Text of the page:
Can you lay sewage pipe as a DIY project? If you want to install a sewage pipe, there are several aspects to consider.
The sewage system of a house is quite complex. If you want to create your own hand, there are a lot of things to keep in mind.
When in doubt, the motto is always to tackle only the things that you trust yourself. In our article we show you which tips you should consider if you want to install a sewage pipe and to what extent problems can arise.
FAQ: key factors to lay sewage pipe
Can I lay a sewage pipe myself?
In principle, this is possible, but a basic technical understanding and a little sensitivity are required.
Do sewage pipes always have the same diameter?
No, it depends on the water flow. The largest pass is necessary for the toilet, while in a sink you can also get by with a 40 or 50 mm pipe.
Is it sensible to hire a company?
Of course, this step will cost you considerably more money, but on the other hand it also offers a lot of certainty with regard to the functionality of the sewage system.
1. Laying a sewage pipe – the most important points in advance
- Pay attention to sufficient gradient:A pipe must always have a certain gradient. This is particularly noticeable in hard-to-reach areas where angles must be used.
Typical are 2 to 3%. When laying, make sure that this slope is maintained along the entire length.
- A high flow rate allows: If you lay sewage pipes correctly, you should install as few angles as possible. However, this cannot be completely avoided.
However, better to rely on several small (45 degree angles) than a very strong angle (of almost 90 degrees) to avoid slowing down the water in the drain pipe too much.
Otherwise, there is a risk that the waste water will accumulate at this point.
- Select the appropriate sewage pipe for the respective purpose: Essentially, you get 3 different variants in retail. On the one hand, there are grey pipes for the interior, red pipes for the outdoor area as well as green pipes, which are only necessary under heavy loads in the outdoor area.
- The correct diameter: A drain pipe should be so thick that the waste water can drain without any problems. However, too large pipes can also cause difficulties, as they are not sufficiently flushed, so that deposits can form.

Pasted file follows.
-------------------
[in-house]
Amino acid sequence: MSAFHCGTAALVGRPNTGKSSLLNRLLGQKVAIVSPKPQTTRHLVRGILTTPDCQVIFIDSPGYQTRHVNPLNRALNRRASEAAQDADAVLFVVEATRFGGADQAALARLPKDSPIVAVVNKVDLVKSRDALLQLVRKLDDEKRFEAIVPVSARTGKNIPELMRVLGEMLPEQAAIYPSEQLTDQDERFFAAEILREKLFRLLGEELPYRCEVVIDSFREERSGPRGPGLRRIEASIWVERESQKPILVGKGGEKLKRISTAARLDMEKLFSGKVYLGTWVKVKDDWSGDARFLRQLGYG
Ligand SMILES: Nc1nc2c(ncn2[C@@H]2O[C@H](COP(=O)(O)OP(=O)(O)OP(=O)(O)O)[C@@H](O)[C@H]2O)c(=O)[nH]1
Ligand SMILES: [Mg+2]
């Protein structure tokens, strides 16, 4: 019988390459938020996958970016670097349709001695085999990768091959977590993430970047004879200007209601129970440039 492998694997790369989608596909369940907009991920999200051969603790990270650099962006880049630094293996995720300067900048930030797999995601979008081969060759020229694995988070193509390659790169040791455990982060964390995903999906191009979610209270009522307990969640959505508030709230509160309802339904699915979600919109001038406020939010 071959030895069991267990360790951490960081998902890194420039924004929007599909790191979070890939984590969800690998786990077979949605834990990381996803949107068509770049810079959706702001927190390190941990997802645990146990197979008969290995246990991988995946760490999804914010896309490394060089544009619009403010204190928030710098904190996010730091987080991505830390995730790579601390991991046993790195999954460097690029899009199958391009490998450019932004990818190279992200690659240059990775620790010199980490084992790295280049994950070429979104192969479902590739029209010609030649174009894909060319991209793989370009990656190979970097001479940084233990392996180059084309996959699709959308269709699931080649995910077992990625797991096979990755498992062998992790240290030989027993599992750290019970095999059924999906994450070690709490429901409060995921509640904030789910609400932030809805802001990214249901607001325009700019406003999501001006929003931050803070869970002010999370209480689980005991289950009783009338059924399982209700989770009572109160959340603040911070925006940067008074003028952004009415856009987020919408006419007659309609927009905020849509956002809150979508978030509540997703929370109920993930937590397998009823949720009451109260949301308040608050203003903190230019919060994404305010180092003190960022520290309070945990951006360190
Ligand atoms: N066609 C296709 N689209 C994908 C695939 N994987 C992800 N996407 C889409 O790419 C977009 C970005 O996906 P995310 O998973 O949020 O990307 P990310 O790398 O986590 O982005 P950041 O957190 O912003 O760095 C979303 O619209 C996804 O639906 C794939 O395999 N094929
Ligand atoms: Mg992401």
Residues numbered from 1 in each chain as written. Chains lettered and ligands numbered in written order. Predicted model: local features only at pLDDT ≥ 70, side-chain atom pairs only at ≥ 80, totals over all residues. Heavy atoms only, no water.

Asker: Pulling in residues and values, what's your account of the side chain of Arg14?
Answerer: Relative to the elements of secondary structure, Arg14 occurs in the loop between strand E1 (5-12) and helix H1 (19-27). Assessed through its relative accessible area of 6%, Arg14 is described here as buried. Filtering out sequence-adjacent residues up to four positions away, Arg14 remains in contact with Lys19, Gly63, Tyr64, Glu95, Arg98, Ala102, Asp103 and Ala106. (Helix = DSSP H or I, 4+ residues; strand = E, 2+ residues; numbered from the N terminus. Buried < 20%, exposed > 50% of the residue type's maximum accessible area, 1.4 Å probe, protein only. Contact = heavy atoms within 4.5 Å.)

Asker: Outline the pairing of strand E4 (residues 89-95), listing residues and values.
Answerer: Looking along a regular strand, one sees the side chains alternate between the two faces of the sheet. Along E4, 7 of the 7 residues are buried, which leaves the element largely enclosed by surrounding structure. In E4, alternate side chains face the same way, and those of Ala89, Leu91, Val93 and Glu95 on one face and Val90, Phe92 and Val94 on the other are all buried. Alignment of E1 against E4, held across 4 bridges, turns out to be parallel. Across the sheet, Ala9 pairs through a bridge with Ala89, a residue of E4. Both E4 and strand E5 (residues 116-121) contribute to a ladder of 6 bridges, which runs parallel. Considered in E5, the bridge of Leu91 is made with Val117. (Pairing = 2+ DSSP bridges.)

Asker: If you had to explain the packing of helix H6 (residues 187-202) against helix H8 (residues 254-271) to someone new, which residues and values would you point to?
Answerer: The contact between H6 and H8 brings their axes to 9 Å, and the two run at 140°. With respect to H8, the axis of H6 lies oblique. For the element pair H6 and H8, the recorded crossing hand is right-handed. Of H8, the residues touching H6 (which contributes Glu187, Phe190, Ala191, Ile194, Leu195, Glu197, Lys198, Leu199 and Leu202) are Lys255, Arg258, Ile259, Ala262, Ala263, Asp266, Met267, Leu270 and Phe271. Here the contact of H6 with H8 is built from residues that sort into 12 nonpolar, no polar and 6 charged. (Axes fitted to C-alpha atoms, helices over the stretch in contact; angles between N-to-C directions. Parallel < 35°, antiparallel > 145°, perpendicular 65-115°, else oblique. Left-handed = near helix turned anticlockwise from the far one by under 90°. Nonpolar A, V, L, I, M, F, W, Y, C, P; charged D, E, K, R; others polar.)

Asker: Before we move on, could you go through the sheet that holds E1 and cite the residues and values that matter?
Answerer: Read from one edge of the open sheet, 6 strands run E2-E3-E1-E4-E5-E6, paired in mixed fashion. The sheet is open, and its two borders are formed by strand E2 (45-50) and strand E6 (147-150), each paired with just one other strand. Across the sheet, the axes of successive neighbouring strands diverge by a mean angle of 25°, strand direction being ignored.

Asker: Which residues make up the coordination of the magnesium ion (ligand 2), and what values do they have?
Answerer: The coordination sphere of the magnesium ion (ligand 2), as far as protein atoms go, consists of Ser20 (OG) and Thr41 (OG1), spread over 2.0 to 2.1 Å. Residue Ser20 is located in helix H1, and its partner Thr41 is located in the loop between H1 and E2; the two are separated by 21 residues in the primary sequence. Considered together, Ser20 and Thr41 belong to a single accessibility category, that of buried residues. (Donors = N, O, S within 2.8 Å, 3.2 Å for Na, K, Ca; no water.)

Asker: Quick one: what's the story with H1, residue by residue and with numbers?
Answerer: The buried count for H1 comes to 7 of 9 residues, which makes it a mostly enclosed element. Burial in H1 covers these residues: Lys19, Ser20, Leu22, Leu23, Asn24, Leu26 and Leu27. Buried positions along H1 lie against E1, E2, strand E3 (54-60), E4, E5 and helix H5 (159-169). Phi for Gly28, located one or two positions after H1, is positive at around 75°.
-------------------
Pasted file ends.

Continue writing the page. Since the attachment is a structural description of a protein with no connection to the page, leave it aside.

2. Place a sewage pipe inside – this is how you proceed
If you want to install a sewage pipe indoors yourself, first consider what diameter the pipe should have.
A drain pipe with a diameter of approx. 40 to 50 mm is sufficient for the sink as well as the connection of the dishwasher in the kitchen.
Also in the bathroom you can get by at the sink with this diameter.
A little larger pipes are required for the shower and the bathtub. However, you can get by with a 60 mm or 75 mm thick drain pipe.
The largest drain pipe requires the toilet. Usually pipes with 90 or 100 mm are used here.
Before you start cutting the wall, verify that the wall is suitable for the purpose. The installation on walls clad with plasterboard is particularly easy.
Cuts can be done by means of a cutter and cables can be easily fixed inside.
Incidentally, the wall should be sufficiently thick so that you can lift it about one centimeter larger than the drain pipe.
Particular care should be taken with load-bearing walls, which are, however, usually built so massively that a subsequent installation of sewage pipes is possible without any problems.
2.1. These steps are necessary to install a sewage pipe
First, you record the course of the pipes. Note that the cut-out must be a little larger than the diameter of the sewage pipes.